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Rasheed Walker, Penn State’s Offensive Line Determined To Dominate As ‘Technicians’

In Phil Trautwein’s second season leading Penn State football’s offensive line, he’s helping transform the program’s identity through sound techniques developed through in-depth, hands-on instruction.

His best and most experienced piece, Rasheed Walker, chose to return to Happy Valley largely due to Trautwein’s role in his individual development rather than for-going his junior year of eligibility as a sure-fire late-round draft selection.

“Basically, it was kind of a hard decision. But after the season, I kind of weighed my options with my family, and I just thought it would be best for me to come back and get developed more by Coach Traut[wein],” Walker said Tuesday afternoon. “Also, I feel like I had a few personal goals I’m still trying to reach, like getting First Team All-Big Ten and getting that All-American.”

In pursuit of individual accolades and team improvement, Walker has worked tirelessly on his perfecting his craft, beginning directly after last season’s conclusion in winter workouts. Last week, head coach James Franklin specifically named the junior tackle as a player who has visibly trained to maximize his high ceiling of potential.

“I’m super proud of him in every area, how far he’s grown,” Franklin said Tuesday. “He seems more appreciative of Penn State than ever.”

Naturally, Walker feels he’s grown, too.

“Since I decided to come back, I feel like I took a big step in the way I’ve been attacking things, like workouts, practice, meetings, lifts, and I just think it started with winter workouts,” Walker said. “I think it’s all starting to really translate, and Coach Traut just really emphasizes to have that ‘dog mentality’ in everything we do. Just to do everything with a purpose, so I think that’s where that’s coming from. Just paying attention to everything I do, every step I take, every move I make.”

The emphasis on refining the details as an offensive lineman is Trautwein’s specialty. As Boston College’s position coach two seasons ago, the former National Champion spearheaded the development of four All-ACC linemen. In 2018, Trautwein transformed former three-star Chris Lindstrom into an All-American selection.

Although Trautwein’s transition to Happy Valley was hindered by practice restrictions a year ago, players are now beginning to see the fruits of his teaching reflect on the practice field.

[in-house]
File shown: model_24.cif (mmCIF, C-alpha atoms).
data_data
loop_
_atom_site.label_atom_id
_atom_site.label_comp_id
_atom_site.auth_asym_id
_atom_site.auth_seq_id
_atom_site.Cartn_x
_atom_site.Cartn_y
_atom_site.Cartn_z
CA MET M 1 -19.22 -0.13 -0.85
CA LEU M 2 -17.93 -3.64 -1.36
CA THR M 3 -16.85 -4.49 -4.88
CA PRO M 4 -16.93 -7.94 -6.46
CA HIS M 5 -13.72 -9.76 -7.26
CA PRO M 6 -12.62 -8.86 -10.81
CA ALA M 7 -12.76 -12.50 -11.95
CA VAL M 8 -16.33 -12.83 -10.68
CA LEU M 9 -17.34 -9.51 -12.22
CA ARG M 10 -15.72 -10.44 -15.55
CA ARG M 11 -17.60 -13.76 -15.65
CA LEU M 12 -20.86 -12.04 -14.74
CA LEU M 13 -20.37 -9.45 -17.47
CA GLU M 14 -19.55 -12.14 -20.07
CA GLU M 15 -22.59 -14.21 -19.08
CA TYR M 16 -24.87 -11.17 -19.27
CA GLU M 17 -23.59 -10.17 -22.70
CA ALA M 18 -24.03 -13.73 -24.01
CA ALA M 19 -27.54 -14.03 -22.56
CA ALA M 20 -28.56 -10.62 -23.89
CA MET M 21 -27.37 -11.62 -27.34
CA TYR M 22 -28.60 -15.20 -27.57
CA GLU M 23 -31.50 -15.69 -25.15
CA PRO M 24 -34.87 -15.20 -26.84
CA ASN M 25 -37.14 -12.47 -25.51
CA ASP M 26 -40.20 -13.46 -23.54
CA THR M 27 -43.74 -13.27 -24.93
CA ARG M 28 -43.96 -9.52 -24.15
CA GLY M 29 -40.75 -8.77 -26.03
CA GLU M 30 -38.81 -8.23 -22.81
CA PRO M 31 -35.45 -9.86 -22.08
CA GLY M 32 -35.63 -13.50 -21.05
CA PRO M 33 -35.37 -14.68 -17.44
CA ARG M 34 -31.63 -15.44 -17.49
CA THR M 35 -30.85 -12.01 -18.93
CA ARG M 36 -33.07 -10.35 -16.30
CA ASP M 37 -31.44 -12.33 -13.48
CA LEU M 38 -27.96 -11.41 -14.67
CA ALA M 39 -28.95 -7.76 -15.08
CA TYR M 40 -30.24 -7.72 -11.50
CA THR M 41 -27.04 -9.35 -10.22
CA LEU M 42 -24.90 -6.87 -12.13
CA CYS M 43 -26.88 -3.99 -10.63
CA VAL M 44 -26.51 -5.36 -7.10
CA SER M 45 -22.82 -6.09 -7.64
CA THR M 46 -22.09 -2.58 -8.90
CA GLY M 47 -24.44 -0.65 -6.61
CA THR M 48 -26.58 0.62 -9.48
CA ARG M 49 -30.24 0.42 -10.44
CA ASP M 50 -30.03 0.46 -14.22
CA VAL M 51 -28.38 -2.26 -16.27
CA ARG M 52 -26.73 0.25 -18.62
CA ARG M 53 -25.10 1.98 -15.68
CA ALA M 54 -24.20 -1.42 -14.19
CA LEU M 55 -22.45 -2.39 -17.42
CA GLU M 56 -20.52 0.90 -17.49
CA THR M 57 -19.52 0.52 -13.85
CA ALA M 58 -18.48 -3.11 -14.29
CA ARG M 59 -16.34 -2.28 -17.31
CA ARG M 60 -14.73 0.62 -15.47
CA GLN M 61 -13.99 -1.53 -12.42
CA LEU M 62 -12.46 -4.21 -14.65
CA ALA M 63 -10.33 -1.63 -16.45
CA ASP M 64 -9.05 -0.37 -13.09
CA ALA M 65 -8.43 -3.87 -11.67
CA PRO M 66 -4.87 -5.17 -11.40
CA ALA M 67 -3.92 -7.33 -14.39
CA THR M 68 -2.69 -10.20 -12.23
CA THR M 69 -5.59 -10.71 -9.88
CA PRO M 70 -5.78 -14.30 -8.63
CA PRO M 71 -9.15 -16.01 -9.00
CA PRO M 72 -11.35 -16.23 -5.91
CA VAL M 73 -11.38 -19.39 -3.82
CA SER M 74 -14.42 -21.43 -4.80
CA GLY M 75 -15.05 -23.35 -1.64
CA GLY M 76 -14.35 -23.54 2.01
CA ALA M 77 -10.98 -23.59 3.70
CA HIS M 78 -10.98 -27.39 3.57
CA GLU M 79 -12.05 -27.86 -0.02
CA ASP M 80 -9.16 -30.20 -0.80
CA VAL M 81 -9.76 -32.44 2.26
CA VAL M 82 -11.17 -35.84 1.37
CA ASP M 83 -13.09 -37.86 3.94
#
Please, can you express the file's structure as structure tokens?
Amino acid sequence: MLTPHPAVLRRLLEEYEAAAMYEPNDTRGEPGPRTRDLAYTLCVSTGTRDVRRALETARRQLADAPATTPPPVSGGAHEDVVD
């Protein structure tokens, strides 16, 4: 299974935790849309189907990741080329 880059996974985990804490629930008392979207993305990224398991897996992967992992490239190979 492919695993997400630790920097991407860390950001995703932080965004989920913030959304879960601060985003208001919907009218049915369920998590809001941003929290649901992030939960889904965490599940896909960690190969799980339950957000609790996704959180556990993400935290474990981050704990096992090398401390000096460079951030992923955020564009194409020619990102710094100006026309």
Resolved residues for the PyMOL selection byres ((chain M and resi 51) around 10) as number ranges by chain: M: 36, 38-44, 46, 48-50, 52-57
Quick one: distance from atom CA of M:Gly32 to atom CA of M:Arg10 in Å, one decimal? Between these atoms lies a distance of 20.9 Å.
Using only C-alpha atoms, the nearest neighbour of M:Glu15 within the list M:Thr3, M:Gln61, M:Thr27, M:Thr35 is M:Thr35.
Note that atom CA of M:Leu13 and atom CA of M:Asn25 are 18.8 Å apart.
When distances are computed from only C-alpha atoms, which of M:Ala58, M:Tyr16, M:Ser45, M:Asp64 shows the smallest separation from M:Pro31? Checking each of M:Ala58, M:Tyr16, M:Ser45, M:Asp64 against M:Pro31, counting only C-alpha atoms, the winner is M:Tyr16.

“Last season, when Coach Traut got here, he got to coach us a little bit during winter workouts, then COVID came and we didn’t see him for about three months,” Walker said. “This offseason, he’s just really been working with us. Like I said, all the little things like trying to perfect everything like my set, punch, getting us to play in our legs, just having us do a bunch of extra stuff that’s going to give us the edge over everybody else.

“I feel like the way he coaches us allows us to all have that same mindset to try to get better every day,” Walker added. “One percent better every day. I feel like that’s really going to translate and really going to show during the season.”

While most offensive line coaches at the college ranks approach their role similarly, Walker believes Trautwein’s personal experiences give the up-and-coming coaching superstar the upper hand over any coach he’s previously played under.

Between winning two national championships as Tim Tebow’s blindside protector and four years of NFL experience prior to entering the coaching profession, Trautwein’s ability to relate to today’s current model of offensive linemen gives Penn State a unique advantage in the trenches.

“Well one, the guy knows what he’s talking about,” Walker said. “Him being a former NFL offensive tackle, he sees stuff that not everyone else sees. When I first started working with him, I already thought I was pretty good. But as I worked with him more, he just started to point out a bunch of things that I could work on to be better.”

“As I trust in him and kept on working on his techniques and doing drills he had me do, I felt myself getting better, and I felt more comfortable as an offensive lineman, so I just looked at it as, you know, I had time. It was only my third year,” Walker said. “I can leave, but I also can come back and just invest more in myself by being coached by Coach Traut for another year to give myself a better shot at the next level.”

This offseason, the Nittany Lion front is working hard to ease the replacement of Will Fries and Michal Menet at tackle and center, respectively. Despite losing two key veteran staples who were multi-year starters, Walker said he trusts that the group’s current tactical approach will overshadow any unfamiliarity entering fall camp.

“The main things that I expect out of myself and that you’re going to see from me and the rest of the offensive line is I feel like we’re all going to be technicians,” Walker said. “We’re all going to be very disciplined, and we’re all going to finish. We’re all going to play nasty, hard-nosed football because that’s we drill, that’s how we’ve been training, that’s how we’ve been practicing. So it has to translate, and I’m real confident when I say that.”

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About the Author

Connor Krause

Connor Krause is a freshman from Pittsburgh, Pennsylvania majoring in journalism. He is a lifelong Penn State football and basketball fan and enjoys rooting for Pittsburgh sports teams. In his free time, Connor can be found playing golf or pick-up basketball. You can follow his Twitter and Instagram @ckrause_31.

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